A: Yes, I do appreciate people’s concerns about explicitly talking of a “designer” in textbooks. Nonetheless, science is supposed to be a no-holds-barred search for the truth. Throughout the history of science we’ve had to get used to a lot of ideas that people thought were odd. There’s no reason to shy away from the concept of a designer just because it makes some people uneasy.[my emphasis]

Science is a search for truth...there should be no materialistic gatekeeper hell bent on blocking the path.

Thursday, September 20, 2007

Baylor takes Lilley to task

Well, it looks as though Baylor is becoming a bit put off with their President. Yesterday, I posted an article from the Baylor Lariat which was written by the producer of the upcoming movie, Expelled: No Intelligence Allowed. Apparently, his film crew was on it's way to interview President Lilley in regard to the Evolutionary Informatics lab fiasco, but it looks as though he refused to meet with them.

From an editorical in today's Baylor Lariat, it appears that the student body is asking for answers...

Editorial: Lilley's two cents are missing

Sept. 20, 2007

Being Baylor's president is not an easy job. Between managing a staff of professors and administrators and fundraising enough to finance Baylor 2012, President John Lilley has a lot on his plate.

But one of the most crucial roles a university president must play, especially during times of dispute, is to act as the face of the university. By virtue of his job description, Lilley is the voice of Baylor. Lately it seems he has laryngitis.

When Baylor was thrust into the national spotlight for shutting down distinguished professor Dr. Robert Marks' intelligent design Web site, representatives from media relations answered questions, not Lilley.

Of course, the public could hardly expect anything less, considering Lilley's absence from the initial meeting between Marks and a handful of Baylor administrators.

It's understandable that the president is a busy man and can't attend every single meeting with a faculty member, but certainly one with a distinguished professor and his legal counsel could merit his coveted attention.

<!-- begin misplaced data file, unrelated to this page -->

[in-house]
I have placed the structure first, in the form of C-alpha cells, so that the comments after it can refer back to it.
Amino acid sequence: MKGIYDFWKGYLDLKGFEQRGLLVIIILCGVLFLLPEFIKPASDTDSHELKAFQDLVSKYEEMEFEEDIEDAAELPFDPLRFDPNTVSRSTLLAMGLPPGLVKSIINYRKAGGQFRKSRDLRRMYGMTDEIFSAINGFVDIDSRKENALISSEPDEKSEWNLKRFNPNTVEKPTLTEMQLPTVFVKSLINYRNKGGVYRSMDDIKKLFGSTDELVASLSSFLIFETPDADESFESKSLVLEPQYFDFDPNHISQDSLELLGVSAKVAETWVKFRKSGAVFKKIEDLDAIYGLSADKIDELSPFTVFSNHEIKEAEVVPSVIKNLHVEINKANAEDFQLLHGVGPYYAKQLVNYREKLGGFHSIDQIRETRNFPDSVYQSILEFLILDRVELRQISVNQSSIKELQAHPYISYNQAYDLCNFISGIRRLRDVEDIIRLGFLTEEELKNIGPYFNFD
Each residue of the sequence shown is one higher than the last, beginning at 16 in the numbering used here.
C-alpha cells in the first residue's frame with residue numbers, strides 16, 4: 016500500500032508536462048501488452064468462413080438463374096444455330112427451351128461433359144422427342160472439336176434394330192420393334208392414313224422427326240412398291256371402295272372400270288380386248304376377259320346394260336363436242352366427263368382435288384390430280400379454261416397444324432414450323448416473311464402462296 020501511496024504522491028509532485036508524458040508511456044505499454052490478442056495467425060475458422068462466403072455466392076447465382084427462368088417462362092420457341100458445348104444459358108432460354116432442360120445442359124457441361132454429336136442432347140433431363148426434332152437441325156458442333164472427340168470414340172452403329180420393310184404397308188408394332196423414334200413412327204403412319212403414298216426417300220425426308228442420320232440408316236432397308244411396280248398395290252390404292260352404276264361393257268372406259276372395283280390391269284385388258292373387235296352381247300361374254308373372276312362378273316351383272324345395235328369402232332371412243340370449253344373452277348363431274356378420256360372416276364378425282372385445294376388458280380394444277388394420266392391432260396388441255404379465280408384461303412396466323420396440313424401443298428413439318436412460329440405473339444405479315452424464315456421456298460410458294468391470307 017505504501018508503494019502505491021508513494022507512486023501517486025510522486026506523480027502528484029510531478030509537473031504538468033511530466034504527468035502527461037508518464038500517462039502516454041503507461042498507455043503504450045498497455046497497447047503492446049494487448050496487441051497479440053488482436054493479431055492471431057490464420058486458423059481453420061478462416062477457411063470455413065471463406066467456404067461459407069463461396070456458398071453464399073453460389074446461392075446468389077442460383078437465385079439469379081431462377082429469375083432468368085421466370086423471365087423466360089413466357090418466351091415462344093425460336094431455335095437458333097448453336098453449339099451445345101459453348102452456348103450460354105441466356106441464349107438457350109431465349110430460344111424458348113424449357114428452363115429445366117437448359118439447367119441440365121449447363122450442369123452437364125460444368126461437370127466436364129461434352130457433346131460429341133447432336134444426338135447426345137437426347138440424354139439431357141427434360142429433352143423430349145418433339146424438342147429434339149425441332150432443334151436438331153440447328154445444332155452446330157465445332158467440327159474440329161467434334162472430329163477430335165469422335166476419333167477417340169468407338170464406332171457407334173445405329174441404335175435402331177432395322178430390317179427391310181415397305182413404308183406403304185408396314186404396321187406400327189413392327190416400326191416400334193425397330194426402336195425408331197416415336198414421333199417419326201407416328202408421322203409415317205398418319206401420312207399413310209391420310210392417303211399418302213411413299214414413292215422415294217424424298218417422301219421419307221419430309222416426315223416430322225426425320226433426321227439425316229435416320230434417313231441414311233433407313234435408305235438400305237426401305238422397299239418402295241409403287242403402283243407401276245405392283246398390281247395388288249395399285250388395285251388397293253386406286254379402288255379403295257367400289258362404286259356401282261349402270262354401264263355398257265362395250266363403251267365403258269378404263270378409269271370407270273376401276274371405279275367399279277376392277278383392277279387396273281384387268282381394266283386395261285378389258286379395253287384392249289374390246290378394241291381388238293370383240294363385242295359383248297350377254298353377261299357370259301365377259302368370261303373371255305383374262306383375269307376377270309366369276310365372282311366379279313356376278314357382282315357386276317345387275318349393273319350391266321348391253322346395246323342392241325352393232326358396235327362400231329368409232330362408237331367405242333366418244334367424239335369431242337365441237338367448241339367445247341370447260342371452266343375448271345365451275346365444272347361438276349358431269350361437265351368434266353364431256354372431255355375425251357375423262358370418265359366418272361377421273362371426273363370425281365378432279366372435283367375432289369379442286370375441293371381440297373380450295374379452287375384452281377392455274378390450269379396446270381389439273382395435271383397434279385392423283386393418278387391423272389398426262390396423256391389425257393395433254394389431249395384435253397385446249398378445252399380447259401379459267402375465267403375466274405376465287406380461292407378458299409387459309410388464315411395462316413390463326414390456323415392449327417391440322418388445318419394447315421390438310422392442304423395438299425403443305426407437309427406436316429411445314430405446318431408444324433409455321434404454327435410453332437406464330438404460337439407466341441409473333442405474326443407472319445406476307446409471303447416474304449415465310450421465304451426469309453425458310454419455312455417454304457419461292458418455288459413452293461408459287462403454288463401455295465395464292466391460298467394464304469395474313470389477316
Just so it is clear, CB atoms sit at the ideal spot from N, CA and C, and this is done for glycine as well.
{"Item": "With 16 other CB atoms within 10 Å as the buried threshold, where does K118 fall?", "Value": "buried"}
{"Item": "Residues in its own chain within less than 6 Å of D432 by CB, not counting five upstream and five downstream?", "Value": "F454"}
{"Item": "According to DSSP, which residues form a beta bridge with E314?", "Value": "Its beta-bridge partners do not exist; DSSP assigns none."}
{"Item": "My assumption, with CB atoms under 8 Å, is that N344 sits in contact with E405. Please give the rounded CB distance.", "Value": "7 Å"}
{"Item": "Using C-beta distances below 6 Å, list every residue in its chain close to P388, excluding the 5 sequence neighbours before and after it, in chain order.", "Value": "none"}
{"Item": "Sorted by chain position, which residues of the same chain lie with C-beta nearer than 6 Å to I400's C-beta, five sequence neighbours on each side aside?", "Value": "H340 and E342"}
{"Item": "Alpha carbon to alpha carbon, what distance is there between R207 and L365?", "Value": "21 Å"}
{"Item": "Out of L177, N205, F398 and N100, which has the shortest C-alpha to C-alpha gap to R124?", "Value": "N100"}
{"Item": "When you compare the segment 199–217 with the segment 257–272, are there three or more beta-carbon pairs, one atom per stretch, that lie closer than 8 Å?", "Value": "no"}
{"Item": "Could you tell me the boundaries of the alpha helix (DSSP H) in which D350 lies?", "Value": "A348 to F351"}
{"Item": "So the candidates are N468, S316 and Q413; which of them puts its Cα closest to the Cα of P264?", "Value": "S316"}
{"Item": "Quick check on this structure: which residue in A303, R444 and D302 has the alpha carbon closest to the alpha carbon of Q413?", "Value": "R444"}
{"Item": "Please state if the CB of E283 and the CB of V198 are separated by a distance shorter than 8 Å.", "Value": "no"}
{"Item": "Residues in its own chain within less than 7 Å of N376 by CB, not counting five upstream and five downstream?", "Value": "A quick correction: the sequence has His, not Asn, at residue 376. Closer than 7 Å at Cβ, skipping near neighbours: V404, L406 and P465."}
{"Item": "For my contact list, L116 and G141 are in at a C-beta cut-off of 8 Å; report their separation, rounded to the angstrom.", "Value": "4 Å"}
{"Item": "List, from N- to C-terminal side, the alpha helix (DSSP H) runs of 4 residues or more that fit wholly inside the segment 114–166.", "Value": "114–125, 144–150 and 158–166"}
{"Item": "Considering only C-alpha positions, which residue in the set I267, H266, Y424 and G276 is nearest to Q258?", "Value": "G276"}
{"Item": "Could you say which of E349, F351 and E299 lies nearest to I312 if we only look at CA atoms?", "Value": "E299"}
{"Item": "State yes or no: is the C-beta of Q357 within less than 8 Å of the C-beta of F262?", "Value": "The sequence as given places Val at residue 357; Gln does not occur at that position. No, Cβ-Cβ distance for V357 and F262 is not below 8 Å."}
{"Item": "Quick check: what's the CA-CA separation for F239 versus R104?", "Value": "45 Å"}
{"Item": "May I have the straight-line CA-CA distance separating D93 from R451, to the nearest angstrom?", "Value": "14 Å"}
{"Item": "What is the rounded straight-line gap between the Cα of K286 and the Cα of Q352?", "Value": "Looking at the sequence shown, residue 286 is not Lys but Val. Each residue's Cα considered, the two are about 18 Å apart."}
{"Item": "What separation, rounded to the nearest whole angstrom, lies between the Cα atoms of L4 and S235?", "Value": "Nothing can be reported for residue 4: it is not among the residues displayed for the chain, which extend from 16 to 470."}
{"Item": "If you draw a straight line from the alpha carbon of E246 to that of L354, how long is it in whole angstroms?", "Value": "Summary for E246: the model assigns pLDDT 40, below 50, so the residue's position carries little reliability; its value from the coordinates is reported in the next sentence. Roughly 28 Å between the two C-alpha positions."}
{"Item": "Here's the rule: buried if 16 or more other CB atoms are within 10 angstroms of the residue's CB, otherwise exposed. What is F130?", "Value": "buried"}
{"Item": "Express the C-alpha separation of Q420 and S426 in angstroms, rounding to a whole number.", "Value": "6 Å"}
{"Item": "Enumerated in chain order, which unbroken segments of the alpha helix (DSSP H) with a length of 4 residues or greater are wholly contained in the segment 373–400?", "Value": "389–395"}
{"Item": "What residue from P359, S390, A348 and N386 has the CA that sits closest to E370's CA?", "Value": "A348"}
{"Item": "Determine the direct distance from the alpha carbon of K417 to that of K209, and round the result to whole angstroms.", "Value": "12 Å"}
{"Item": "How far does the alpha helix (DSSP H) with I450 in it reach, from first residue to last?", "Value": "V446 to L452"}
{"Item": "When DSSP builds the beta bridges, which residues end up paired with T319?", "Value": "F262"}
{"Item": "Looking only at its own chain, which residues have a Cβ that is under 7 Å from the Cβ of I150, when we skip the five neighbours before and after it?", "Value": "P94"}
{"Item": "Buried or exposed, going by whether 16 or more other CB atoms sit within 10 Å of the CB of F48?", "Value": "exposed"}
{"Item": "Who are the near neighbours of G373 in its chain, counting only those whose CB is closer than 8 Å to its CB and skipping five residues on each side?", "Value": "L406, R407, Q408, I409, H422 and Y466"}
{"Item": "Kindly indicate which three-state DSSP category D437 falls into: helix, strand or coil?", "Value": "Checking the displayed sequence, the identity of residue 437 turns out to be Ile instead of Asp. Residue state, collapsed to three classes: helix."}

This is not the first time Lilley has been missing in action for a crucial meeting. Let's not forget the controversy surrounding the book Baylor Beyond the Crossroads, now known as The Baylor Project -- it was another national stage for Baylor and another silent moment in Lilley's presidency.

Not only was Lilley notably absent from meetings with the book's editors, director of media relations Lori Fogleman said he was unable to comment at all because he had never seen any version of the book, even though manuscripts and galley copies are available.

There really is no excuse for this type of detachment from issues so close to the heart of Baylor.

Even former president Robert B. Sloan Jr. is easier to get ahold of than Lilley. When The Lariat called the office of the Houston Baptist University president, we were patched right through.

However, when trying to reach our own president, we run into a string of red tape that media relations proudly declares is "the same treatment we give the New York Times." This is nothing to brag about.

By making itself unavailable to the press, the Lilley administration has forfeited its voice in major conversations. Even though representatives from media relations eagerly give statements to newspapers across the country, nothing has the same effect as a word from the president.